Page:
• Patient portals, which keep key stakeholders informed of patients’ current medical histories, care plans, clinical contacts and scheduling.
  • Tests to potentially mitigate or manage disease, including physicals that include DNA sampling and blood and stool samples for early disease detection.
  • Body scans, which can detect small mass anomalies and heart/circulatory blockages.
  • Other tools, such as iWatch and Bluetooth diagnostic tools.

Technology has the potential to transform the industry in the year ahead, and homecare providers need to pick and choose the right tools for their patients. —Mike Priddy, Franchise Owner, Interim HealthCare of Montgomery County, Maryland

“As a homecare provider, I look for new technology to both improve the health and happiness of clients at home and to make business processes more efficient. Next year, we can expect the use of more digital applications that help manage caregiver schedules and improve the overall patient experience.”
—Cathy Olsen, Franchise Owner, Interim HealthCare of Santa Rosa, California


Coordinated and Integrated Care

While payers and providers are consolidating services and meaningfully aligning care, CMS has redefined health-related supplemental benefits for Medicare Advantage to include general services that “increase health and improve quality of life” including coverage of nonskilled in-home support services. Health care is moving from the traditional health system into the home and community-based setting.

Health insurance company Humana acquired home health and hospice company Kindred. [Bruce] Broussard, CEO of Humana, speaks of “beginning to develop new clinical models, moving from reactive, point-in-time, triggered-based models of post-acute intervention to proactive, always-on models.” By caring for patients in their home, Humana defines its goal as keeping Medicare-eligible seniors from being admitted to hospitals or having to go to emergency rooms.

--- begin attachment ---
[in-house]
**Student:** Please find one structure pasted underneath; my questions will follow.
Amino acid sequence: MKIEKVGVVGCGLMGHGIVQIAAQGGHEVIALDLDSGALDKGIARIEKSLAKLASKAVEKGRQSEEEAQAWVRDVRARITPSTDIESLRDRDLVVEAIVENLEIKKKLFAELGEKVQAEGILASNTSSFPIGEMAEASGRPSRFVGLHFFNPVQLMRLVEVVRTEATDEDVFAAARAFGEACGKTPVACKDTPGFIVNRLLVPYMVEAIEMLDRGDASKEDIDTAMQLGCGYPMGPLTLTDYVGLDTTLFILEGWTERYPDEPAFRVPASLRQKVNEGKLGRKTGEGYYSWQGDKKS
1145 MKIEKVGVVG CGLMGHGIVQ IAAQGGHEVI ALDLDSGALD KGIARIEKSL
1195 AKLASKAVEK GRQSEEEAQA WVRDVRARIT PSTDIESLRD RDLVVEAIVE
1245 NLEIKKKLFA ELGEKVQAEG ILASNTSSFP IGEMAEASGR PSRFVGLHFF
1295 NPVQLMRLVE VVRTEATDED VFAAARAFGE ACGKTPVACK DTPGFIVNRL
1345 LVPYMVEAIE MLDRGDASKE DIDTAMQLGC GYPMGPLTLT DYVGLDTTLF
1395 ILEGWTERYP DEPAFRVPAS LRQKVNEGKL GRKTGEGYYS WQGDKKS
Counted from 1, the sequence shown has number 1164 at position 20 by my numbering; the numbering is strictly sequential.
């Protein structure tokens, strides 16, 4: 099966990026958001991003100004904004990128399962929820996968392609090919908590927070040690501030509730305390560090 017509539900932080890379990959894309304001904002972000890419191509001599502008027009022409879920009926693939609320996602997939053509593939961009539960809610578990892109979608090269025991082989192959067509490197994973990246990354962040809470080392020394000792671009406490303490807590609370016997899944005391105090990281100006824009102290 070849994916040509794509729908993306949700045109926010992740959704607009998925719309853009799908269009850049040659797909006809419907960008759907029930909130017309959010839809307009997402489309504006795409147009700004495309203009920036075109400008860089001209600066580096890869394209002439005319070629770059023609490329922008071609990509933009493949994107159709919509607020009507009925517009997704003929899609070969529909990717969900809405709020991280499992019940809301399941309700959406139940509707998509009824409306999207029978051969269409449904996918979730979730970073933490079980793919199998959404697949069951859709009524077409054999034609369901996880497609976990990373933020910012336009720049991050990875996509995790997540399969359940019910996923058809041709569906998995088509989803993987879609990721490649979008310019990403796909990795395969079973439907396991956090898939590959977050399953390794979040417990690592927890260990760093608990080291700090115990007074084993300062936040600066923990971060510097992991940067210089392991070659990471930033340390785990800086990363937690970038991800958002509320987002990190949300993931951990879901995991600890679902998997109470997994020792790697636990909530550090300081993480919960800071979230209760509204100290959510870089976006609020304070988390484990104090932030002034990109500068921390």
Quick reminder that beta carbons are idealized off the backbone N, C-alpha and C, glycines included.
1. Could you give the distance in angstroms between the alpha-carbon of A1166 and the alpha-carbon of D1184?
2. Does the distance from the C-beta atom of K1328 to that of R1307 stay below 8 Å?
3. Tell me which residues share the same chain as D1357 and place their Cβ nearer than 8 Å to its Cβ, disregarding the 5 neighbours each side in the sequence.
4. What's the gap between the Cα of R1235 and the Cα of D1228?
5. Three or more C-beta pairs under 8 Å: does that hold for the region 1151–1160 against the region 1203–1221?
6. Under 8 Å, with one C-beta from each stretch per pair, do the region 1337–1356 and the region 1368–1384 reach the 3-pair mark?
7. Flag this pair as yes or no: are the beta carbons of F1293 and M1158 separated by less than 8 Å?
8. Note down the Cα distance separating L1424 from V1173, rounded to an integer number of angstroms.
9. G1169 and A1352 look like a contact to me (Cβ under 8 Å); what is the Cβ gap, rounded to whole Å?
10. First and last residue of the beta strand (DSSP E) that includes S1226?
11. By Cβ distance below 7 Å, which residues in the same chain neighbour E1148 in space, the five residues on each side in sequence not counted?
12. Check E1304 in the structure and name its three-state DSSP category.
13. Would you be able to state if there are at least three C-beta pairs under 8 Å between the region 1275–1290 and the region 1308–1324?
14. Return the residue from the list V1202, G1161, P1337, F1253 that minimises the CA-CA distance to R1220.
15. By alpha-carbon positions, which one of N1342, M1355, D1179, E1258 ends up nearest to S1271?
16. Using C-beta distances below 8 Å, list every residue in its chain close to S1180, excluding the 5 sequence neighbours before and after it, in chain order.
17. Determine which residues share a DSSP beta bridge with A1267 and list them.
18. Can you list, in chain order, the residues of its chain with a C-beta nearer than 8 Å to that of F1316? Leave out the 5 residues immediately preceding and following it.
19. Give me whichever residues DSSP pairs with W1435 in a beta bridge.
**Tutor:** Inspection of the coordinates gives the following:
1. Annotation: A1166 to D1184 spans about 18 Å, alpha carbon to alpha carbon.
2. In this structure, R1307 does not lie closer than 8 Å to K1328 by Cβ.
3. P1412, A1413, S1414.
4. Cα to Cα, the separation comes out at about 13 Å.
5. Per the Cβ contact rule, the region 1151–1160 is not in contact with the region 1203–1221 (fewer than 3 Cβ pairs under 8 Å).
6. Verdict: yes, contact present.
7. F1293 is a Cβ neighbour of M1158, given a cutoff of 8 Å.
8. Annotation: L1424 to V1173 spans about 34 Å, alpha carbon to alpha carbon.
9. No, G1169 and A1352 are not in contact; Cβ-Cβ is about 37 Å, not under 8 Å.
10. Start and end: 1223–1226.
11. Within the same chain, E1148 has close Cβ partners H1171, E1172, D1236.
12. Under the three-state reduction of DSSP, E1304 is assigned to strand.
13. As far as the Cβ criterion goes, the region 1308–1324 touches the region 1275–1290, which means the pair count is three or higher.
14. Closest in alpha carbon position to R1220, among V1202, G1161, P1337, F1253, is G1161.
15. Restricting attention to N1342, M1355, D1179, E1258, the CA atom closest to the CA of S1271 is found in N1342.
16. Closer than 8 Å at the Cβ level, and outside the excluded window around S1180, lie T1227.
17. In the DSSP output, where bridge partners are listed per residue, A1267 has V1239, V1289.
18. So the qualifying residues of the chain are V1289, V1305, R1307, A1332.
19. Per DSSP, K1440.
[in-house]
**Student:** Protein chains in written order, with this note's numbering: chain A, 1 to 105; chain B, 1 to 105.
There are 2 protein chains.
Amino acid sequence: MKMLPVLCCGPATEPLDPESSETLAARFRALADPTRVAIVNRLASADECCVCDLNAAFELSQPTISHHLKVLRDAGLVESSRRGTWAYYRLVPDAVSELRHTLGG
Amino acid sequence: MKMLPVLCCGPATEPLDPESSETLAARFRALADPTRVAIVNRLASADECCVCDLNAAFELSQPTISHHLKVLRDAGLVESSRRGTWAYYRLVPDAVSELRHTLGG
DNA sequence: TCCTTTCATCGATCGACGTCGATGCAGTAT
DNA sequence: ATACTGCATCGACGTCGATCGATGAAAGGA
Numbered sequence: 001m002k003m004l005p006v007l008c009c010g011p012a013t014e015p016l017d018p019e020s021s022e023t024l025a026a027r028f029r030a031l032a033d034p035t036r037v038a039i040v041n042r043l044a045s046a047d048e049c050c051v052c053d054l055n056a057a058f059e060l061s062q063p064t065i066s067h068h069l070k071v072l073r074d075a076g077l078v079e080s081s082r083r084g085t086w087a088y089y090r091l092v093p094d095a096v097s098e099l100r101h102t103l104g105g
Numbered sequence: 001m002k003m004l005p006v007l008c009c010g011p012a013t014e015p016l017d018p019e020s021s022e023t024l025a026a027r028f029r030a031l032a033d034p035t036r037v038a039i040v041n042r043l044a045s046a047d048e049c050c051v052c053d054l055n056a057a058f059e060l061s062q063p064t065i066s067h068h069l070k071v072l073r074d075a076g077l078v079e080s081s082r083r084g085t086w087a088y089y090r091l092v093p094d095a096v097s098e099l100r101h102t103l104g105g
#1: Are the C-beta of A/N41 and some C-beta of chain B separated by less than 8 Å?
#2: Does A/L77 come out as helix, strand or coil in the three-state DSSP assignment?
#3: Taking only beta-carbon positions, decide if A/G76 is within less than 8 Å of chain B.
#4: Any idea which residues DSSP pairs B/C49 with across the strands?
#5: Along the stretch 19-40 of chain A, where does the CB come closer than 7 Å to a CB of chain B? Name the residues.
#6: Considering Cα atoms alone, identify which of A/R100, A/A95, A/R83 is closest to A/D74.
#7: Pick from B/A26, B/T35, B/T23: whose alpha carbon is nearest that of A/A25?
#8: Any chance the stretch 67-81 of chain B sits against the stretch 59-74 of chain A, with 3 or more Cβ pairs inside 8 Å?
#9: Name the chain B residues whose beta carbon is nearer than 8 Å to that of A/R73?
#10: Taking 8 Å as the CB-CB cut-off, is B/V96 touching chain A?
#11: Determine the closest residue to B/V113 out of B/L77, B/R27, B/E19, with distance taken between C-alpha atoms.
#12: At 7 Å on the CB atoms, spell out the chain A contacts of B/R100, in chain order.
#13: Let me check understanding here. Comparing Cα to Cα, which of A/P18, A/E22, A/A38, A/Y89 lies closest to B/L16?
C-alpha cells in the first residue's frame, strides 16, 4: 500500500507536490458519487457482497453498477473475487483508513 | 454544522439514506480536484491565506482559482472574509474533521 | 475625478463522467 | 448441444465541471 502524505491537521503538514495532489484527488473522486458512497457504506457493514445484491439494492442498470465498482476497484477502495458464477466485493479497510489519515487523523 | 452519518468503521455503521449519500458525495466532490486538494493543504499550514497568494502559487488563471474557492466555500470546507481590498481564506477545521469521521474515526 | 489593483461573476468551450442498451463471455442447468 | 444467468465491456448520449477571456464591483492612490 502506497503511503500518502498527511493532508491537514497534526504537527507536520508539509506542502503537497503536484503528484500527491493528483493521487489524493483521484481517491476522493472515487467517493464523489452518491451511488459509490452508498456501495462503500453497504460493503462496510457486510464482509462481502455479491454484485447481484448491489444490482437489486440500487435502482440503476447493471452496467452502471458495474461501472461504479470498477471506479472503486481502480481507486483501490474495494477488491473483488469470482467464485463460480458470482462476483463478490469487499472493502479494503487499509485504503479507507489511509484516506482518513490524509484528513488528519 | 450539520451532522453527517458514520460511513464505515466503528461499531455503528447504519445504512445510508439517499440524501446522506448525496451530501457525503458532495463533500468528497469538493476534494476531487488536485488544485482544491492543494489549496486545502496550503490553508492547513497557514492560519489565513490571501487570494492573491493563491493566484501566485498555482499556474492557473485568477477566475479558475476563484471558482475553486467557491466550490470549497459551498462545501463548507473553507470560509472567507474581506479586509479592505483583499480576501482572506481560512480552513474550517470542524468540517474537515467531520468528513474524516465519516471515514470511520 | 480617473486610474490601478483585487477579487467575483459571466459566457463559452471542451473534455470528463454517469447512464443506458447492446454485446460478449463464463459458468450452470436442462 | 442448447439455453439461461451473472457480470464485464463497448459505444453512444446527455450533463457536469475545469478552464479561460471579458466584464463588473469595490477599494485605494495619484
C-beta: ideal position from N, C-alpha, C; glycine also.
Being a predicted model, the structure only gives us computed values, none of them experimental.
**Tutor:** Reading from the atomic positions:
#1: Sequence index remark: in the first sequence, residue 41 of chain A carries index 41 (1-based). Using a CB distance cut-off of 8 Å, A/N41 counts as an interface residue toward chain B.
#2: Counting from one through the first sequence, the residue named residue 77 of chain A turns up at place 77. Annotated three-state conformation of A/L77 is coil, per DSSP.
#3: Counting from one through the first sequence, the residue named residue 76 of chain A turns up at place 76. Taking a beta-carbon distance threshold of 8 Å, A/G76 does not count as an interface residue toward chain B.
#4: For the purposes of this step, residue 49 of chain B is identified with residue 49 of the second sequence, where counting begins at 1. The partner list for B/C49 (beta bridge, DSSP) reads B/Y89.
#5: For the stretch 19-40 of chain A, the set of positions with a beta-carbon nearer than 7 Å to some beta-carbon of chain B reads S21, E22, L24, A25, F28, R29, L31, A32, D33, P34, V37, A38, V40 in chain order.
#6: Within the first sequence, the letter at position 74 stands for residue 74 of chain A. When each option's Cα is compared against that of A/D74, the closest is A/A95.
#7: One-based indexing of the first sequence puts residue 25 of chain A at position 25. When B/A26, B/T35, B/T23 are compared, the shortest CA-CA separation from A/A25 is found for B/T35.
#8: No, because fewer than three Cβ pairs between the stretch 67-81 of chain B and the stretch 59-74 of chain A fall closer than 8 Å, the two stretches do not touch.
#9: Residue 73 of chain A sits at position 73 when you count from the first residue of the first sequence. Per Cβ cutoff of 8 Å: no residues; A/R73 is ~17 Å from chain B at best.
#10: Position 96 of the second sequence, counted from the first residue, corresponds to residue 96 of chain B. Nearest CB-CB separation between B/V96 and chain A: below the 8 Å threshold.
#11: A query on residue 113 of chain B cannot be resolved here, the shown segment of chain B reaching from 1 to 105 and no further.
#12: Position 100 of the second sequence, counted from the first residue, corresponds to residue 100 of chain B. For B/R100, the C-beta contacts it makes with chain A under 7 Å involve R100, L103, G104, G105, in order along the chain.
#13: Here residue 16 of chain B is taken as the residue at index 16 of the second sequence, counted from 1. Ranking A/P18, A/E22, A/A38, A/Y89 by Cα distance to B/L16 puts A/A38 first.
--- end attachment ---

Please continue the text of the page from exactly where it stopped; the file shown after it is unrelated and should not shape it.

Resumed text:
Driving these trends are sobering national statistics in the next 40 years, individuals older than 65 years old will double and those older than 80 years old will triple. More than 35 million retirees lack any retirement savings today, and only 27 percent of baby boomers believe they will have sufficient funds to cover health care expenses.

Payers and providers are now recognizing that the future of health care is coordinated, integrated care in the home and community-based setting. There is an urgent need for scalable, cost-effective solutions that tackle the critical nonmedical issues to facilitate successful aging: function, health status and social inclusion. In-home, nonmedical caregiver support is a foundational part of the new paradigm: CareLinx services extend the reach of health plans and providers to provide actionable insights and reduce costs and plan utilization for high-risk members. —Sherwin Sheik, President and CEO, CareLinx, Burlingame, California

Issues to Watch

Loneliness Today’s older adults will stay in their homes longer than previous generations. This will drive an expansion in demand for homecare services, but may well result in an increase in the “loneliness epidemic.” Homecare innovators would be wise to incorporate socialization services into their suite of home-based care offerings.

Ethnic Diversity
Diversity will increase, opening doors for differentiated services and delivery models. Homecare providers will be able to develop specialized services because the population will be large enough to provide scale in niches.
—Liddy Manson, Director of the AgingWell Hub, housed at Georgetown University’s Global Social Enterprise Initiative (GSEI), part of the McDonough School of Business Find the full 2019 State of the Industry series here.